Bridging the short and long term goals of Counterinsurgency: Theory and Practice
Gregg, Heather S.
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Academic literature on counterinsurgency (COIN) is rich, and includes theories that delineate how to fight insurgents and case studies on historic and contemporary conflicts. In practice, however, waging a successful COIN campaign remains one of the toughest forms of warfare and, more often than not, results in defeat. This paper compares the theoretical stages in COIN—population engagement, stabilization, and the creation of a viable state1—with the challenges of winning these battles and linking them to victory in practice, focusing particularly on recent U.S. experiences in Iraq and Afghanistan. It argues that, operationally, the United States Government faces several challenges to achieving victory in COIN, including the deployment cycles of U.S. forces, resources of civilian agencies, organizational cultures of civilian and military actors, and the status of the Host Nation’s government. These problems, while important to acknowledge, do not have easy fixes and will most likely continue to plague U.S. COIN initiatives in the future.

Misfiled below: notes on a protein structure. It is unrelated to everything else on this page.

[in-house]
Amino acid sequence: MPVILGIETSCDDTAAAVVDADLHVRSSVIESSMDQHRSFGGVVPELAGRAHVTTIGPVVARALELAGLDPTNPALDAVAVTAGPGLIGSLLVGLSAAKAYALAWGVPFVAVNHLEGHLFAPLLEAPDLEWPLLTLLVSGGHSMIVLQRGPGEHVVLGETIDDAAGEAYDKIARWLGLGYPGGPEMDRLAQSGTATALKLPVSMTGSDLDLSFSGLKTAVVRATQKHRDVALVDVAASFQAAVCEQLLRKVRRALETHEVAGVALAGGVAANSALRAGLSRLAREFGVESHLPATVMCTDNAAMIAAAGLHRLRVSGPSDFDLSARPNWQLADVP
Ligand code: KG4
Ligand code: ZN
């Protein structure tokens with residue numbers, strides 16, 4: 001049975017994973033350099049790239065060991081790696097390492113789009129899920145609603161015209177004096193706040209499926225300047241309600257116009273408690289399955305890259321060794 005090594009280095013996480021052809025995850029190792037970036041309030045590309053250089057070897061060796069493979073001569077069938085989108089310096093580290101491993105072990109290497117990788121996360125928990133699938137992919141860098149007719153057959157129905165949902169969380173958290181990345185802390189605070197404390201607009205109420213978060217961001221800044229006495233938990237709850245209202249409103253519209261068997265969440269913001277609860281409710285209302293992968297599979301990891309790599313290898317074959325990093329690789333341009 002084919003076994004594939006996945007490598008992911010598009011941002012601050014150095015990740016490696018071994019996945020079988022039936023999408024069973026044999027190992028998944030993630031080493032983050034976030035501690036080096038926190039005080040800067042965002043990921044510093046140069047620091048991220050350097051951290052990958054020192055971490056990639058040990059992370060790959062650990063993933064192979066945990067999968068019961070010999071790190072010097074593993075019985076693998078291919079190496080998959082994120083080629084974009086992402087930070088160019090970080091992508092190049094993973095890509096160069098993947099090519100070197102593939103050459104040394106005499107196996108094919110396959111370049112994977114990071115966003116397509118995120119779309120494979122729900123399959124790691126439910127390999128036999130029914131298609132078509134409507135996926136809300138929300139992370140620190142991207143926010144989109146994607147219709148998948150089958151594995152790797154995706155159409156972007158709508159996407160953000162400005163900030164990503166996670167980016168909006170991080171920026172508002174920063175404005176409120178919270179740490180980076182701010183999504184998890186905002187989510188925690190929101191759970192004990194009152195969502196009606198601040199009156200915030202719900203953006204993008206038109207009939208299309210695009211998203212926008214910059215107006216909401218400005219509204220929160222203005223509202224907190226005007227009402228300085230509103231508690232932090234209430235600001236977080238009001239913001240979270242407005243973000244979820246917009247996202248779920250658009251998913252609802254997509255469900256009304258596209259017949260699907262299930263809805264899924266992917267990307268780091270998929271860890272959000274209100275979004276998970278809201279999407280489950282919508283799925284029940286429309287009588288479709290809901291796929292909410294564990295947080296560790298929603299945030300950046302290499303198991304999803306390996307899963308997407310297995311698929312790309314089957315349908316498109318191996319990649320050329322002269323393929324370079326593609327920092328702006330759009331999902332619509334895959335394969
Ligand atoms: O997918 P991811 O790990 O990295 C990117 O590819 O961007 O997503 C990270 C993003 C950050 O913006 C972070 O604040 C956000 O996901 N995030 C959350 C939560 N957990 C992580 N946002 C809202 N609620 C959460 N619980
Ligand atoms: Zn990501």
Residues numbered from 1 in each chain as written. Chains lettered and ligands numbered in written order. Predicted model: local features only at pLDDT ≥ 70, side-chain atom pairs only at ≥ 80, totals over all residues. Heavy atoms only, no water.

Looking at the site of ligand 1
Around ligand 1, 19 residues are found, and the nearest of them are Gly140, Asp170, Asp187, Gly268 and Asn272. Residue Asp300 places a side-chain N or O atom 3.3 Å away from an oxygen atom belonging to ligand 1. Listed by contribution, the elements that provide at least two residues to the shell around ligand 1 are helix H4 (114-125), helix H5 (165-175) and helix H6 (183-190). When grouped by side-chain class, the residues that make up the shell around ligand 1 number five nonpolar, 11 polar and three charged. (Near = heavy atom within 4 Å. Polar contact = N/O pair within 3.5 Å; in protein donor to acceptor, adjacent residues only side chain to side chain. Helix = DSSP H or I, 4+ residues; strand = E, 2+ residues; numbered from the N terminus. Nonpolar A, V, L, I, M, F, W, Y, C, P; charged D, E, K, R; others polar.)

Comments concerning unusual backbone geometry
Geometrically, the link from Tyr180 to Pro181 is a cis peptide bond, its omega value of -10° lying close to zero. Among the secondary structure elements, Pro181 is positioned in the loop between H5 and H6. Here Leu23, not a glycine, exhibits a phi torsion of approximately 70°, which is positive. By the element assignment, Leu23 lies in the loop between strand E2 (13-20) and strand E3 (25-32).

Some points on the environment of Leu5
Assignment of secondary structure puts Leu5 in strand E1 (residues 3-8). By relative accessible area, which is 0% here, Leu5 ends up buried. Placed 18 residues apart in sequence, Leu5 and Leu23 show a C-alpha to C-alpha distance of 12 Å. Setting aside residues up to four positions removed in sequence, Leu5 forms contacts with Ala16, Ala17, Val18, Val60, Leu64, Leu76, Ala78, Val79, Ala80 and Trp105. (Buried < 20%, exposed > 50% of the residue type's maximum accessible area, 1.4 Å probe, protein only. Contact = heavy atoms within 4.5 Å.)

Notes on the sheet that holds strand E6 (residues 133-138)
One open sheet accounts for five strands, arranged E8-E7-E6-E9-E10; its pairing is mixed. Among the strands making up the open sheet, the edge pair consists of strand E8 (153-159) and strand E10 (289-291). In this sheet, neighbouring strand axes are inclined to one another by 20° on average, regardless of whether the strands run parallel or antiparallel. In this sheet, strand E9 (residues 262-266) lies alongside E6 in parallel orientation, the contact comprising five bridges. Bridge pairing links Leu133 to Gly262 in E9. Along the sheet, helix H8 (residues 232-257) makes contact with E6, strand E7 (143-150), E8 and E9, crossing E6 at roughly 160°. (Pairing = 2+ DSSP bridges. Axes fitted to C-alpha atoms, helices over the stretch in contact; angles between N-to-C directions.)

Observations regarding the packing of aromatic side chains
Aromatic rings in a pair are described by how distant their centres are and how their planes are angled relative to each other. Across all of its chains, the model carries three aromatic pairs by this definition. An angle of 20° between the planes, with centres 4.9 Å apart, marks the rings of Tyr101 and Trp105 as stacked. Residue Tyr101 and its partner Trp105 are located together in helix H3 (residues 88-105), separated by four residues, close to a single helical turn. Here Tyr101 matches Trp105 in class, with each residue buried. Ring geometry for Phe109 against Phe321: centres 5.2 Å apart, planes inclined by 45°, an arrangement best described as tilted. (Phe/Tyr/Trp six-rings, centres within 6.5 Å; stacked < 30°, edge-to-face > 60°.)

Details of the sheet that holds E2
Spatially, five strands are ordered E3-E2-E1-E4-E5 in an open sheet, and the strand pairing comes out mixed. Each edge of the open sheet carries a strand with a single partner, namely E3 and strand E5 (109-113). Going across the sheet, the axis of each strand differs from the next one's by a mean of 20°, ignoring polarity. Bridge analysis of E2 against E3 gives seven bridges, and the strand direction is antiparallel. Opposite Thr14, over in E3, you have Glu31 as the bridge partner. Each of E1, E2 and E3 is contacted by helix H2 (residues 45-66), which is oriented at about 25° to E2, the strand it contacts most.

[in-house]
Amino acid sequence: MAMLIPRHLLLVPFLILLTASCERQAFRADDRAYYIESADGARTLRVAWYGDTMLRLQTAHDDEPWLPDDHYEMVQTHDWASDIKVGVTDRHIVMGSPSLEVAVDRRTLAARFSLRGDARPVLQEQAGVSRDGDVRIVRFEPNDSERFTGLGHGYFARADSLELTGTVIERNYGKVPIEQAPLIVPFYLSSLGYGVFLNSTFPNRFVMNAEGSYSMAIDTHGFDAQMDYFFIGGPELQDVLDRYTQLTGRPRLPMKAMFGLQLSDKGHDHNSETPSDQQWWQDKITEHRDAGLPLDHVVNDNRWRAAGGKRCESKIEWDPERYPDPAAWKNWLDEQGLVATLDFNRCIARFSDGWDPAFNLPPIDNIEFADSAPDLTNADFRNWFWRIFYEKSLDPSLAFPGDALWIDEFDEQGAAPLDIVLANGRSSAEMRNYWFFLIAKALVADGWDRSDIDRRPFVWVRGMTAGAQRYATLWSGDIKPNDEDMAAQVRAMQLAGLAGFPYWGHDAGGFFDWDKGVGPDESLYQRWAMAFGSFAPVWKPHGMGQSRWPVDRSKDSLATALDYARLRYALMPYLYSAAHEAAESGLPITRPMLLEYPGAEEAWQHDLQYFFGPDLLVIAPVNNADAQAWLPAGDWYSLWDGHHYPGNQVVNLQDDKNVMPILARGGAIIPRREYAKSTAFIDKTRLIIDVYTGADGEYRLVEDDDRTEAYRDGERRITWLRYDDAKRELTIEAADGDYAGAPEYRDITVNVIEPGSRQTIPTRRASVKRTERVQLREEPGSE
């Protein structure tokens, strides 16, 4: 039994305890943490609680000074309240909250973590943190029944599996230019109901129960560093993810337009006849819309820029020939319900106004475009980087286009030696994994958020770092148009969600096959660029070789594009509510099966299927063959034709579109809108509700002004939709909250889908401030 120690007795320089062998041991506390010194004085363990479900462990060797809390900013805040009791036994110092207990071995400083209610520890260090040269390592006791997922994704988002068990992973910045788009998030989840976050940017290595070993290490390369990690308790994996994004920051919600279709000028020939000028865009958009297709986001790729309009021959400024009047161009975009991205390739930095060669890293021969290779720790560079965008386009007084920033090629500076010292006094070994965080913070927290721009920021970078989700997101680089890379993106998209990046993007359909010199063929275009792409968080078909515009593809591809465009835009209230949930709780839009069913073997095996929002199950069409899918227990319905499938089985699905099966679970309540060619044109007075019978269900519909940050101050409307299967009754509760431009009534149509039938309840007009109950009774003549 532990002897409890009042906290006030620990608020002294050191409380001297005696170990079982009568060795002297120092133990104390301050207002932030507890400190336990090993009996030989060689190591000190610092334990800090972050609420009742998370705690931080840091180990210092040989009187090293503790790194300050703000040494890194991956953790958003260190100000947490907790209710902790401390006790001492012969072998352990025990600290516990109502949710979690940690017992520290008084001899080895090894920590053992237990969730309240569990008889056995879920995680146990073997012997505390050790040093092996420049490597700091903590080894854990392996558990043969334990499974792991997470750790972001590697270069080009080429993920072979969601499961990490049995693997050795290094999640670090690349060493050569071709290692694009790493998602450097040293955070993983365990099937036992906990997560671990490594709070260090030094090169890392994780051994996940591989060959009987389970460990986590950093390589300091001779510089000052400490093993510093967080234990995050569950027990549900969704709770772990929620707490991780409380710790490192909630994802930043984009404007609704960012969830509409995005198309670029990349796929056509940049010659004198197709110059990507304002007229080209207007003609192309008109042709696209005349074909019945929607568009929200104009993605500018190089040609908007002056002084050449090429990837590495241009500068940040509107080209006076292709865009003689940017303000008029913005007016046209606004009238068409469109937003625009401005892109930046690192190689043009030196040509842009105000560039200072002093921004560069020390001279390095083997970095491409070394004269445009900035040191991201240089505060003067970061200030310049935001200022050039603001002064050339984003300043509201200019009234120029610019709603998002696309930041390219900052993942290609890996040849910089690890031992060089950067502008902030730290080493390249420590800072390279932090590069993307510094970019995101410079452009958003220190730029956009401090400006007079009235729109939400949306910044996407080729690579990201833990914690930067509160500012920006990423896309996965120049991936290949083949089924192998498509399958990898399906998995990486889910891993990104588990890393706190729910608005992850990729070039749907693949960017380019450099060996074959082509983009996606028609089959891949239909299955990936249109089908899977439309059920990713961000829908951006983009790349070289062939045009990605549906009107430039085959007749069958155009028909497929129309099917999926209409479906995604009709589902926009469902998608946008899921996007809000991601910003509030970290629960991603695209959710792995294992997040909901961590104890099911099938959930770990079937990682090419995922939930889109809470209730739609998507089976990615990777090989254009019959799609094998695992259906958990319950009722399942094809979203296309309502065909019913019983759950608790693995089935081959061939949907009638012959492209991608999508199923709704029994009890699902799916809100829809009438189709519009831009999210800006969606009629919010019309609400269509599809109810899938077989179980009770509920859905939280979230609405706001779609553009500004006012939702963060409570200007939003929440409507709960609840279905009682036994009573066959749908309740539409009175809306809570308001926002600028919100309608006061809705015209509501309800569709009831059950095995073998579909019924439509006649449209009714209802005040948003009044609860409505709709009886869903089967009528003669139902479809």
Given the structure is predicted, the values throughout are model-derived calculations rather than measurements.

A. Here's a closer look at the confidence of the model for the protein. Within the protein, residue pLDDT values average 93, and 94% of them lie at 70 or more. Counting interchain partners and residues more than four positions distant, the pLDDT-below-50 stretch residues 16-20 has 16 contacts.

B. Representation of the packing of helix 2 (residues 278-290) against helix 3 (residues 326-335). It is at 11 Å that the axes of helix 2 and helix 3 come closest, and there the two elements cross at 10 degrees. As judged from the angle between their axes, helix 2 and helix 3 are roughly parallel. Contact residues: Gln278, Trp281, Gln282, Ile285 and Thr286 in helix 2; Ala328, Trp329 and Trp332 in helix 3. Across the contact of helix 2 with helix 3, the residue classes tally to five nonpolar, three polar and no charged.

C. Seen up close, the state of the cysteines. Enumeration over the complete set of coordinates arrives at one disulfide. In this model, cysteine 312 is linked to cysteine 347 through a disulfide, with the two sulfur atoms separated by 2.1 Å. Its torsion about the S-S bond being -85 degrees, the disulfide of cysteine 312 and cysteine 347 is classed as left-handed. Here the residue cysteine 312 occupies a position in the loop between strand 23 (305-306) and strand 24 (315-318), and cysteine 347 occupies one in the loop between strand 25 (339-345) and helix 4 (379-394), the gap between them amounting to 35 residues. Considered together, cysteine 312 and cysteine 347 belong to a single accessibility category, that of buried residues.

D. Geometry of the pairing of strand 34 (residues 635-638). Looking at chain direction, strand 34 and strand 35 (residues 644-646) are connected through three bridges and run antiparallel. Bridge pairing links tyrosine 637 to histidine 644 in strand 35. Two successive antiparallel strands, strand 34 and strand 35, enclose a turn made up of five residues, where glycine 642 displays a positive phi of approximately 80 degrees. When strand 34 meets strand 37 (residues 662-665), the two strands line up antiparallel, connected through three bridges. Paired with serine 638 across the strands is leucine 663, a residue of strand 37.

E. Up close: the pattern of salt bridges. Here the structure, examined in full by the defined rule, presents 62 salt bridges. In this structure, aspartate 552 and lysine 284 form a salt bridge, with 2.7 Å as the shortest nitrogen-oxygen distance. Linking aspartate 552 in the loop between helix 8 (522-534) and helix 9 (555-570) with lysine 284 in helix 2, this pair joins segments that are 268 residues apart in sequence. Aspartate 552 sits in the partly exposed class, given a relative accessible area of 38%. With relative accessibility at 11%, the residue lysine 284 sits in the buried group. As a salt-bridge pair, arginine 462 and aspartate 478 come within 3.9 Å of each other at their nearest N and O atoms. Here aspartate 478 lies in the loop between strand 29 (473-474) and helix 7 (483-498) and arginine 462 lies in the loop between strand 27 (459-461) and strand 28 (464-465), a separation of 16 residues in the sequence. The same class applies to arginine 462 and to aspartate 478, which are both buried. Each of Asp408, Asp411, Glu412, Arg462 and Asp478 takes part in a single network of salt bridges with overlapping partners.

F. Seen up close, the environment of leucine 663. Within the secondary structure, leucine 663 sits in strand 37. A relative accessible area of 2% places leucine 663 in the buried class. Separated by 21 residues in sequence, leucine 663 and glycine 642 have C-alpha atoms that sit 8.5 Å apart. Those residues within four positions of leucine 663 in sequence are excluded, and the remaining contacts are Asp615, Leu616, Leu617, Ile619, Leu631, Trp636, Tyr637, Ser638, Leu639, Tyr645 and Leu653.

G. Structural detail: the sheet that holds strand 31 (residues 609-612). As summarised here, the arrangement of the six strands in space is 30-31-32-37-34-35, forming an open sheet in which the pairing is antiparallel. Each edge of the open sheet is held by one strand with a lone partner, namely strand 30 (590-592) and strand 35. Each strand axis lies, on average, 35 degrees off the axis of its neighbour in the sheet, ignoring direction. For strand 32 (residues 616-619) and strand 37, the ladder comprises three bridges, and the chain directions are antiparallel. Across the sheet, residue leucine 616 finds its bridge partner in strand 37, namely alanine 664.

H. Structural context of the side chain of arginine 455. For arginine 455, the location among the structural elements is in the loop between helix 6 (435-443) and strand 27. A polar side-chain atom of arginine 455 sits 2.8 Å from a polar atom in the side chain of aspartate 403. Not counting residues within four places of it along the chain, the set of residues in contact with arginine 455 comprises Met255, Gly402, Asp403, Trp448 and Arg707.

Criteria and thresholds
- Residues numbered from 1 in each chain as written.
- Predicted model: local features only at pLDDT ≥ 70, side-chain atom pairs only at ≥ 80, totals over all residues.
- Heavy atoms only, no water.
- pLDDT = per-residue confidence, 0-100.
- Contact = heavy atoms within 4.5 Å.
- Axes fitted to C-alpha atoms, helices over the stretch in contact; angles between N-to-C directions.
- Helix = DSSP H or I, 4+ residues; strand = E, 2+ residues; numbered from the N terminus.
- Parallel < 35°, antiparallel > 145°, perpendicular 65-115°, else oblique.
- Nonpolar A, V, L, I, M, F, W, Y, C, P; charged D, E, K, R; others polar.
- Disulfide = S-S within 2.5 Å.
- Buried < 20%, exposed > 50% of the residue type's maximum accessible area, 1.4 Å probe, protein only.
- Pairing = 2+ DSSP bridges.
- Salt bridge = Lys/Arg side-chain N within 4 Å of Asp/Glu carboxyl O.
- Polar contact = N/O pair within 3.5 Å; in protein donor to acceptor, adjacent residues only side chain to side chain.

Prepared for the International Studies Association Conference February 17-20, 2010 New Orleans, LA
RightsThis publication is a work of the U.S. Government as defined in Title 17, United States Code, Section 101. Copyright protection is not available for this work in the United States.
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